In the Sermon on the Mount, Yeshua dramatically illustrates the necessity to avoid sin at all costs.
Matthew 5:29-30 – If your right eye causes you to sin, tear it out and throw it away! It is better to lose one of your members than to have your whole body thrown into hell. If your right hand causes you to sin, cut it off and throw it away! It is better to lose one of your members than to have your whole body go into hell.
Through the use of hyperbole, he emphasizes the drastic need to maintain right actions in the life of the believer.
One of the aspects of vigilance in this area is expressed through the idea of balance. The Greek word sophron was used to indicate the quality of those who were to be entrusted with leading God’s people, and a quality exhibited by all believers, old or young, men and women.
1 Timothy 3:2 – The overseer then must be above reproach, the husband of one wife, temperate, self-controlled, respectable, hospitable, an able teacher,
Titus 1:8 – Instead he must be hospitable, devoted to what is good, sensible, upright, devout, and self-controlled.
Titus 2:1-7 – But as for you, communicate the behavior that goes with sound teaching. Older men are to be temperate, dignified, self-controlled, sound in faith, in love, and in endurance. Older women likewise are to exhibit behavior fitting for those who are holy, not slandering, not slaves to excessive drinking, but teaching what is good. In this way they will train the younger women to love their husbands, to love their children, to be self-controlled, pure, fulfilling their duties at home, kind, being subject to their own husbands, so that the message of God may not be discredited. Encourage younger men likewise to be self-controlled, showing yourself to be an example of good works in every way…
In these passages, the word translated as “self-controlled” and “sensible” is the Greek word sophron. According to the Helps word studies, this self-control and balance is achieved by remaining obedient to the commands of God; i.e., fearing God:
sṓphrōn (“acting in God’s definition of balance”) makes someone genuinely temperate, i.e. well-balanced from God’s perspective. True balance is not “one-size-fits-all” nor is it blandly static. Biblical moderation (sṓphrōn) describes “a man who does not command himself, but rather is commanded by God'” (K. Wuest, Word Studies, 2, 46). This root (sōphro-, “soundness”) then reflects living in God-defined balance.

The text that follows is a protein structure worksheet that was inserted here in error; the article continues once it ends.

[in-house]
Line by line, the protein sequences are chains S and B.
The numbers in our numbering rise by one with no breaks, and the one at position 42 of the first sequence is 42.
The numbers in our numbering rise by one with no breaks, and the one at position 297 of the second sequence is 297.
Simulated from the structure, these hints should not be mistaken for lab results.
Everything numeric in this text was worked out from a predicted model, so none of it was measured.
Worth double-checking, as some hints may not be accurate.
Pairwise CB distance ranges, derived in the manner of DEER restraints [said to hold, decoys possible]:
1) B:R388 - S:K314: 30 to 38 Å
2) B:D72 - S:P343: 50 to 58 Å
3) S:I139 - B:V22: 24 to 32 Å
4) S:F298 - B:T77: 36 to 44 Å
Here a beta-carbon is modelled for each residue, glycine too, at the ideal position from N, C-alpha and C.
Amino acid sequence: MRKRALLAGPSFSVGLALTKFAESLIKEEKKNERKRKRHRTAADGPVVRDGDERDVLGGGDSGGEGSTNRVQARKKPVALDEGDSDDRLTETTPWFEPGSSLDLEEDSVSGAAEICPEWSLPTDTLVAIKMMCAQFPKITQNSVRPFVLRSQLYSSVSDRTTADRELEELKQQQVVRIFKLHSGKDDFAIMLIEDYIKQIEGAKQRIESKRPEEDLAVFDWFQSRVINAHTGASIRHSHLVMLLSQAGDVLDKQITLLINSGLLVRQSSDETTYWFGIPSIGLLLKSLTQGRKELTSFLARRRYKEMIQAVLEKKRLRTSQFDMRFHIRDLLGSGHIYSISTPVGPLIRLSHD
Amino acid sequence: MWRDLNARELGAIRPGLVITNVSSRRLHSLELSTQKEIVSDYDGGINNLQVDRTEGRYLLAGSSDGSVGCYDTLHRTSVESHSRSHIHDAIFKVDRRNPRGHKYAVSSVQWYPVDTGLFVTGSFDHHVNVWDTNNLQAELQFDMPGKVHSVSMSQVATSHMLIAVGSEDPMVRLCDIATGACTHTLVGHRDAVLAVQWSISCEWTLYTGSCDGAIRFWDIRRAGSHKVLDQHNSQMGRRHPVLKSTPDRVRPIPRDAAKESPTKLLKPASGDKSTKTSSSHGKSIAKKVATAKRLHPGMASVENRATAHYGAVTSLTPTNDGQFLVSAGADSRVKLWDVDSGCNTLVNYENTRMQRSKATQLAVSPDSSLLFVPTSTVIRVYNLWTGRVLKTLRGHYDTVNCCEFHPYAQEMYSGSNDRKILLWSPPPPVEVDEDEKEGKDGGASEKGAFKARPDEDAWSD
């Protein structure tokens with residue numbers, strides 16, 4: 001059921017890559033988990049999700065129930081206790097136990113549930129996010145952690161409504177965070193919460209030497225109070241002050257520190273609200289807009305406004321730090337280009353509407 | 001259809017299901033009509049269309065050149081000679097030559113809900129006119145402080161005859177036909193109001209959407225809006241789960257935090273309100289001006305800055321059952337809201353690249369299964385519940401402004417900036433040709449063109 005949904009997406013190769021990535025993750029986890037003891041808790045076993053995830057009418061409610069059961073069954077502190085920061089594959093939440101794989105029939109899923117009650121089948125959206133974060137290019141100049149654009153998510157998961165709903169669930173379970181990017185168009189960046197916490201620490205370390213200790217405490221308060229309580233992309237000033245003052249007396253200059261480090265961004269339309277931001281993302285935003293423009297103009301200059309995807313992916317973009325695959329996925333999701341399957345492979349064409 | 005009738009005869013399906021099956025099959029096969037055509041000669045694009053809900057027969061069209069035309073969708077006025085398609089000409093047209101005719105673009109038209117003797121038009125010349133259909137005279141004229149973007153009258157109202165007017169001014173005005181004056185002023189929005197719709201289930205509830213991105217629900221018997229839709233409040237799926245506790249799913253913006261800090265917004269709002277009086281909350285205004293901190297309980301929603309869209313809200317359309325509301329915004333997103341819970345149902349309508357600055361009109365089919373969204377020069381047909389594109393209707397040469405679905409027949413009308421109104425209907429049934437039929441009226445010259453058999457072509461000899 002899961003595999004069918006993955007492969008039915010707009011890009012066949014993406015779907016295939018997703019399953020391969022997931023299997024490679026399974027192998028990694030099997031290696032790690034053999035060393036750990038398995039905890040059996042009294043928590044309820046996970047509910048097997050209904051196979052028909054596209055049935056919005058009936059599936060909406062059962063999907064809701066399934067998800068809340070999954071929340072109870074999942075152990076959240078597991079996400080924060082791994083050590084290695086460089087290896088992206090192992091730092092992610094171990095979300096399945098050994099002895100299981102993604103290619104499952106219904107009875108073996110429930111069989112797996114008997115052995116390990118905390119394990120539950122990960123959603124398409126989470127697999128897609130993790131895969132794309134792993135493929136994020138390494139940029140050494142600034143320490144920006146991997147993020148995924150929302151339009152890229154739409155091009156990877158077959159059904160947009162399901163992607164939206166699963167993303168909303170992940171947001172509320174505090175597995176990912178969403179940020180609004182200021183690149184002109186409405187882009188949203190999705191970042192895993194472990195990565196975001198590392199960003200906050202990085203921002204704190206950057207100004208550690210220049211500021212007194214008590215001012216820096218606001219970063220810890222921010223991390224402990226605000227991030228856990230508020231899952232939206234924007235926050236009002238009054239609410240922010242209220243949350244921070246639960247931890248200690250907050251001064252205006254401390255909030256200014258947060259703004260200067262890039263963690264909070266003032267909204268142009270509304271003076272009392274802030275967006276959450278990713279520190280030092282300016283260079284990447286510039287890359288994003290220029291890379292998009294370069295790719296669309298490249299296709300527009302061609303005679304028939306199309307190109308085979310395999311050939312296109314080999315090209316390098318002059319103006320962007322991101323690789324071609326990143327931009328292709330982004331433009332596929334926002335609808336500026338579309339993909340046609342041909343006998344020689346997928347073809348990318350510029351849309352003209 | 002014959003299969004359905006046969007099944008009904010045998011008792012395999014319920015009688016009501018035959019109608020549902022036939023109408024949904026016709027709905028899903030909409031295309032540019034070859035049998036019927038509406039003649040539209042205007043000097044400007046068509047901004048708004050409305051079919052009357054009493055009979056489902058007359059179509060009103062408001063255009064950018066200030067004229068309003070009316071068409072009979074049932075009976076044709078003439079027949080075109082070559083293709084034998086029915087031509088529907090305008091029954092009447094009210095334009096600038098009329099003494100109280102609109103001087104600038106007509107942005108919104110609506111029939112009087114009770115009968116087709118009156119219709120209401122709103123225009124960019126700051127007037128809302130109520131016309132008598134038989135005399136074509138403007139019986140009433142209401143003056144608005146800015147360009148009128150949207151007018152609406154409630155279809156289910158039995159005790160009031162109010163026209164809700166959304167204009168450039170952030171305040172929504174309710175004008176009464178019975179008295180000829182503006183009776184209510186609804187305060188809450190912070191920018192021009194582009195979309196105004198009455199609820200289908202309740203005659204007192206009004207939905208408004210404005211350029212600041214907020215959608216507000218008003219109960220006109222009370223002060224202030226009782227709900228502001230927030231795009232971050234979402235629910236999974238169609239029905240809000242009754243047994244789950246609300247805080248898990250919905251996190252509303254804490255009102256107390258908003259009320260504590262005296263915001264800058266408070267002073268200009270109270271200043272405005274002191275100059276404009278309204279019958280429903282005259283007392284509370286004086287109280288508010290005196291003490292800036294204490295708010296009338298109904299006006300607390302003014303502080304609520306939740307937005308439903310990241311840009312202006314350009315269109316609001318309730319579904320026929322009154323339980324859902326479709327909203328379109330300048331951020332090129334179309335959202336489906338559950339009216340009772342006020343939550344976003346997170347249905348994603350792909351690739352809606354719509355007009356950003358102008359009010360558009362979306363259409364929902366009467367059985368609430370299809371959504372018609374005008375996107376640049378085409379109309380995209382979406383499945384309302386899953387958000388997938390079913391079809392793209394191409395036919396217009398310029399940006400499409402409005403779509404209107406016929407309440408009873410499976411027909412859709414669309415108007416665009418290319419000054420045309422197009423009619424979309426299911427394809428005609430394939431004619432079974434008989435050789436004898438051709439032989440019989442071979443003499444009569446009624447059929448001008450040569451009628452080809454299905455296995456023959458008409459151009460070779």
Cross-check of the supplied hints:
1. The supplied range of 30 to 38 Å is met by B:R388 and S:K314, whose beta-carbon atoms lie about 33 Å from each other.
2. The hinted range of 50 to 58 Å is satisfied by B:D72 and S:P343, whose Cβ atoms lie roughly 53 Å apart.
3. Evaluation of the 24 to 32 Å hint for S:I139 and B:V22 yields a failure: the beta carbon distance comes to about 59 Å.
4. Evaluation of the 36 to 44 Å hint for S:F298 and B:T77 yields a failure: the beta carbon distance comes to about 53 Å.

Ecclesiastes 7:15-18 All this have I seen in my days of vanity: there is a righteous man who perishes in his righteousness, and there is a wicked man who lives long in his evildoing. Do not be overly righteous, neither make yourself overly wise. Why should you destroy yourself? Do not be too wicked, neither be foolish. Why should you die before your time? It is good that you should take hold of this. Yes, also from that do not withdraw your hand; for he who fears God will come forth from them all.
The Pulpit Commentary provides this concise summary of this passage in Ecclesiastes: “The fear of God will keep a man from all excesses.”
Also speaking on this passage, John Gill, in his Exposition, highlights how the fear of God provides the necessary balance in the life of the believer.
…for he that feareth God shall come forth of them all; or escape them all; the phrase is become Rabbinical, that, is, he shall be free or exempt from them all; from over much righteousness and over much wisdom, and over much wickedness or over much folly; the fear of God, which is the beginning of wisdom, is the best preservative from, and antidote against, these things; for a man that fears God is humble, and renounces his own righteousness, and distrusts his own wisdom; he fears to commit sin, and shuns folly.
This concept of balance between two extremes is also brought out in the Proverbs:
Proverbs 4:23-27 Keep your heart with all vigilance, for from it flow the springs of life. Put away from you crooked speech, and put devious talk far from you. Let your eyes look directly forward, and your gaze be straight before you. Ponder the path of your feet; then all your ways will be sure. Do not swerve to the right or to the left; turn your foot away from evil.
This temperance and balance will keep us from having to “gouge out our eyes” or “cut off our hands” to avoid sin, however that imagery used by Yeshua highlights the urgent commitment required of all believers. There is true and dire risk that we face when challenged with taking our eyes off of God and his Word. But by being vigilant with our hearts and maintaining a respectful fear of Yahweh, we will keep from swerving to the right or left, and remain on the path of righteousness that God has laid out for us.
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